We were taught that Heaven was a paradise. It was never night, and it was filled with mansions. You'd be given glorious riches, but you'd throw them right back at God's feet because you'd be so grateful to be there. You'd be singing all the time from gratitude and worshipping constantly.

I have to be honest. Heaven was more of an issue for me at first than Hell.

I struggled to find my identity for years, but there were some things that I really knew about myself, even at ten or eleven when I first began to have these questions. One was that I liked to read. But when I asked my youth pastor if there would be books, he said that I wouldn't want to read. I would just want to worship. I'd be so happy to be bathed in the light of the Lord that I'd forget all about books.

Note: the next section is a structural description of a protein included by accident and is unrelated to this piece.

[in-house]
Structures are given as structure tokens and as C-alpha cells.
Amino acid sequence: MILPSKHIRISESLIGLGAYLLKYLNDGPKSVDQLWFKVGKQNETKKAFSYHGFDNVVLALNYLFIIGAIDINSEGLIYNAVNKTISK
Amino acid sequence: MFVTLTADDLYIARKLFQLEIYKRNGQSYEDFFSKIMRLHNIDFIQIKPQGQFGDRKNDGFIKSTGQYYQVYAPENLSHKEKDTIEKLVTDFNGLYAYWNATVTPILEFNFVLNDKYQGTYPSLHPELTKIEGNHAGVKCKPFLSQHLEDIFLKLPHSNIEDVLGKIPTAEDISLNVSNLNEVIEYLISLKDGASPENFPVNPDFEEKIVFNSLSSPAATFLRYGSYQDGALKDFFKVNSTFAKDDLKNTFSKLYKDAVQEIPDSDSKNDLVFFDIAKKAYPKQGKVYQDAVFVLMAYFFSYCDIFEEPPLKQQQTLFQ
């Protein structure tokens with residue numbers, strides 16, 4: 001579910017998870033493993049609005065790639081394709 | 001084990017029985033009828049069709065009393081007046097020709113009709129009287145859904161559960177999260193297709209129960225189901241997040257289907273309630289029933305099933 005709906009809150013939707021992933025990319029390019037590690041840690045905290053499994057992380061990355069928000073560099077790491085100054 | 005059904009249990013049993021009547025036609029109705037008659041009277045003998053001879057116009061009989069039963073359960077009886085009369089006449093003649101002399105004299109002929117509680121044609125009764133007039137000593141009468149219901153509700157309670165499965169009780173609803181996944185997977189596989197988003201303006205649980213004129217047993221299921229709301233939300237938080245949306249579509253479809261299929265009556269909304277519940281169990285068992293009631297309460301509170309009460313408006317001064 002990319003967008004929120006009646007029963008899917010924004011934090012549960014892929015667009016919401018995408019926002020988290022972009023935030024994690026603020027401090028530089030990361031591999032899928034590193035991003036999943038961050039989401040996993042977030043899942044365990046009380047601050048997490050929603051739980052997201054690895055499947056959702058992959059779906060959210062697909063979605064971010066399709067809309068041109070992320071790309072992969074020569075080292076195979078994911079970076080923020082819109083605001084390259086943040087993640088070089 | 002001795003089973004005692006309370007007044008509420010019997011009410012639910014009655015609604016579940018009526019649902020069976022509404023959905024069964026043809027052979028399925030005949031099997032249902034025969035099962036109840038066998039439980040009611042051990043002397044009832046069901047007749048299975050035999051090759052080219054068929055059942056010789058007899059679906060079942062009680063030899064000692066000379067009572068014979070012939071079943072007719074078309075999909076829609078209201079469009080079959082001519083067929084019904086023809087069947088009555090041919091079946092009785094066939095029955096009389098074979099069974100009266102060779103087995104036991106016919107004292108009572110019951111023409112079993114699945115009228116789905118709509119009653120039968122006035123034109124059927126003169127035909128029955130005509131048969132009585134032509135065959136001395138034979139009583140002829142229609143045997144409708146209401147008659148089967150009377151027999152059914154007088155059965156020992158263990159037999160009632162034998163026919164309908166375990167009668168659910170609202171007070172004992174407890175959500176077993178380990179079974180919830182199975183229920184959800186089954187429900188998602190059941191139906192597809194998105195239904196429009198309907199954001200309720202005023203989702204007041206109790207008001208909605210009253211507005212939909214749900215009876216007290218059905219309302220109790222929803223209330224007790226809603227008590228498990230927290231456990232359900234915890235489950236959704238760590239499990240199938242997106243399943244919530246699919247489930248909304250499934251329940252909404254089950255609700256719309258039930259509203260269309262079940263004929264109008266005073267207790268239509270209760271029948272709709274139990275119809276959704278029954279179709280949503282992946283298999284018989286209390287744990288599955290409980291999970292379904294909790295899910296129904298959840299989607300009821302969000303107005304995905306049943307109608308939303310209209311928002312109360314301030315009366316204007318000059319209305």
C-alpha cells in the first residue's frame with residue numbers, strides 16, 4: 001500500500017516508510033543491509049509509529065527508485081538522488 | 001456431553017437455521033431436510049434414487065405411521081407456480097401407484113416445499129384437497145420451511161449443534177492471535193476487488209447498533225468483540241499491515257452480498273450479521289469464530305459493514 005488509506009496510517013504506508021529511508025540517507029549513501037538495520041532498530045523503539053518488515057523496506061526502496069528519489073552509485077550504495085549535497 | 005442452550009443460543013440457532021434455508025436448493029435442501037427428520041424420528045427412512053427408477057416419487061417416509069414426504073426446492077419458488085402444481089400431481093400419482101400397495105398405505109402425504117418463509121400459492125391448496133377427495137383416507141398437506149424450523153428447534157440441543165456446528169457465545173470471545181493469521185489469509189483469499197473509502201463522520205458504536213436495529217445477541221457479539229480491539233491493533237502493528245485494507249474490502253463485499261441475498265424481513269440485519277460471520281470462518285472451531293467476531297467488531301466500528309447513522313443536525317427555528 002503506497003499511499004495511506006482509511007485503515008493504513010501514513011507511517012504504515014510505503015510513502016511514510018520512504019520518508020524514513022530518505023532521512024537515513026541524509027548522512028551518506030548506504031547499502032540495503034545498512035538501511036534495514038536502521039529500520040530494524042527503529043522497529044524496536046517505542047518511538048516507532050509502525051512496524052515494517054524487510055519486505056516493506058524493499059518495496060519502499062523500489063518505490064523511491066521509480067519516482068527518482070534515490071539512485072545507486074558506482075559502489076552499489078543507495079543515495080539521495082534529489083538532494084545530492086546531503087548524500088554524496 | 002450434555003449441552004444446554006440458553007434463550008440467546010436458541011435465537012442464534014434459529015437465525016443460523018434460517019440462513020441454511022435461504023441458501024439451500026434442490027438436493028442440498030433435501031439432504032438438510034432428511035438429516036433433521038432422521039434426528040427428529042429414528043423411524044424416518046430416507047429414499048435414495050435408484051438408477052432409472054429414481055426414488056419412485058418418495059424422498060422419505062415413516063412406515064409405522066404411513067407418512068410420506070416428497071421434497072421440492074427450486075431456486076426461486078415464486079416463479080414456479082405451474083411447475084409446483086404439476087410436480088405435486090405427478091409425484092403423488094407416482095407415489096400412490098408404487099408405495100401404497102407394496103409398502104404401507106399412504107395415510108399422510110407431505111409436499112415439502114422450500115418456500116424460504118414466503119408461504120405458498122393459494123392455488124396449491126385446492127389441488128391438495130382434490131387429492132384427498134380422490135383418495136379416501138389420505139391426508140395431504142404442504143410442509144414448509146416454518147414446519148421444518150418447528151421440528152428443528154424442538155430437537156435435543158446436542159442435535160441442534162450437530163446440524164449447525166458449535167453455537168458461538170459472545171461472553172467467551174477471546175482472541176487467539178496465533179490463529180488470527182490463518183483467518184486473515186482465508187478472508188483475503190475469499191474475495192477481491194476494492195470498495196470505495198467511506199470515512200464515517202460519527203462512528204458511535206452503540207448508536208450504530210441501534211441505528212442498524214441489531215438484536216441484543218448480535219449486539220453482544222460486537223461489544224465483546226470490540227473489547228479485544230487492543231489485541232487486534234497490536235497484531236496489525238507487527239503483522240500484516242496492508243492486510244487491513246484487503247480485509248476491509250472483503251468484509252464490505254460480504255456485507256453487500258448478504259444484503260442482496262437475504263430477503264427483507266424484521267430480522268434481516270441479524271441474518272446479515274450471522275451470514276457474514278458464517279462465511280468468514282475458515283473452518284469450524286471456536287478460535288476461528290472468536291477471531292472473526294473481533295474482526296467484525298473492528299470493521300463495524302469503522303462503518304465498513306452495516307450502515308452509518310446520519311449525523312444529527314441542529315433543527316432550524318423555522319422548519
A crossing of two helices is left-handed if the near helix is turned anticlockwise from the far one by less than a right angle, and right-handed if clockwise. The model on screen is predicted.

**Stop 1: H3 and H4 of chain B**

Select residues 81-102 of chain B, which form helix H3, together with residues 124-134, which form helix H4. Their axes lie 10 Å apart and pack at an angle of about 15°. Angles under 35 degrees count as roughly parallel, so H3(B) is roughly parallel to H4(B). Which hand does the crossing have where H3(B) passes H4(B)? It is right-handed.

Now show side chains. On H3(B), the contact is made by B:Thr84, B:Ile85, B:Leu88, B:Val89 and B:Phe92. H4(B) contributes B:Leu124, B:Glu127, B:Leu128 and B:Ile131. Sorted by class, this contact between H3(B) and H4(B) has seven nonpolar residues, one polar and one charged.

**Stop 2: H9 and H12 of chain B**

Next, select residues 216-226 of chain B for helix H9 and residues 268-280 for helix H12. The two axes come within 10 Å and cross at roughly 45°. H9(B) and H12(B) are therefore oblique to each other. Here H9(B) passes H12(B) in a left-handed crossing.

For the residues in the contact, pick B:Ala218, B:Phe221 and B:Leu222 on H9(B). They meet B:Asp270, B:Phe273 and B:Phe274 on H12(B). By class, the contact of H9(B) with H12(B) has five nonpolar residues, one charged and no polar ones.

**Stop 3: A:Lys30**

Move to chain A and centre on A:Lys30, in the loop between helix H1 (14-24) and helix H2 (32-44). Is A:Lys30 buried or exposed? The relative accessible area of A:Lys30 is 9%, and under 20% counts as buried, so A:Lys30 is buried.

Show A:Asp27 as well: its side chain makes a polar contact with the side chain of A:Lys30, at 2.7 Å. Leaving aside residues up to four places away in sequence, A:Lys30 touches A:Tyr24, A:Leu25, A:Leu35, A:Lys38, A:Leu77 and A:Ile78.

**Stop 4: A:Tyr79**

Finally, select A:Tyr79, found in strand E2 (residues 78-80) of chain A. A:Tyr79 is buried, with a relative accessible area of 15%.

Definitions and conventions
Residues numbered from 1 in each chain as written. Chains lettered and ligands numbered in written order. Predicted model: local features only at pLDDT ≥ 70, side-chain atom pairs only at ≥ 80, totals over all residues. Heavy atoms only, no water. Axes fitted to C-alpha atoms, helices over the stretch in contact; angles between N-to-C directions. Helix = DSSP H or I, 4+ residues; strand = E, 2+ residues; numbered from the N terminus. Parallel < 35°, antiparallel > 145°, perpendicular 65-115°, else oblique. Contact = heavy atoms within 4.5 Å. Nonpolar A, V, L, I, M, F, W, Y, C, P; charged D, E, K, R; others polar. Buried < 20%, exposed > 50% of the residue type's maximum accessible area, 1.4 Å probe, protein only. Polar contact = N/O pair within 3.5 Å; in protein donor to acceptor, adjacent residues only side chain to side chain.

I knew that I loved my family and enjoyed spending time with them. I loved playing basketball with my dad and my sisters for hours. But that too would be a no-go in Heaven. We'd be together...but all we'd want to do is praise. What about my dad's jokes? What about my sister's tendency to mispronounce words? These are things that I love about them, but they would all be gone.

Even the idea that it would always be day was stressful, because in many ways, I don't find night particularly scary. I remember when I was ten or eleven, my mom brought us out one night and we stretched out on our trampoline. We'd done this before. Living out in the middle of nowhere, the view of the sky was often spectacular. This night, though, was special. Hundreds of meteors rained through the atmosphere. It was spectacular to watch, and I remember thinking, "If it's always day, I'll never see something that beautiful again."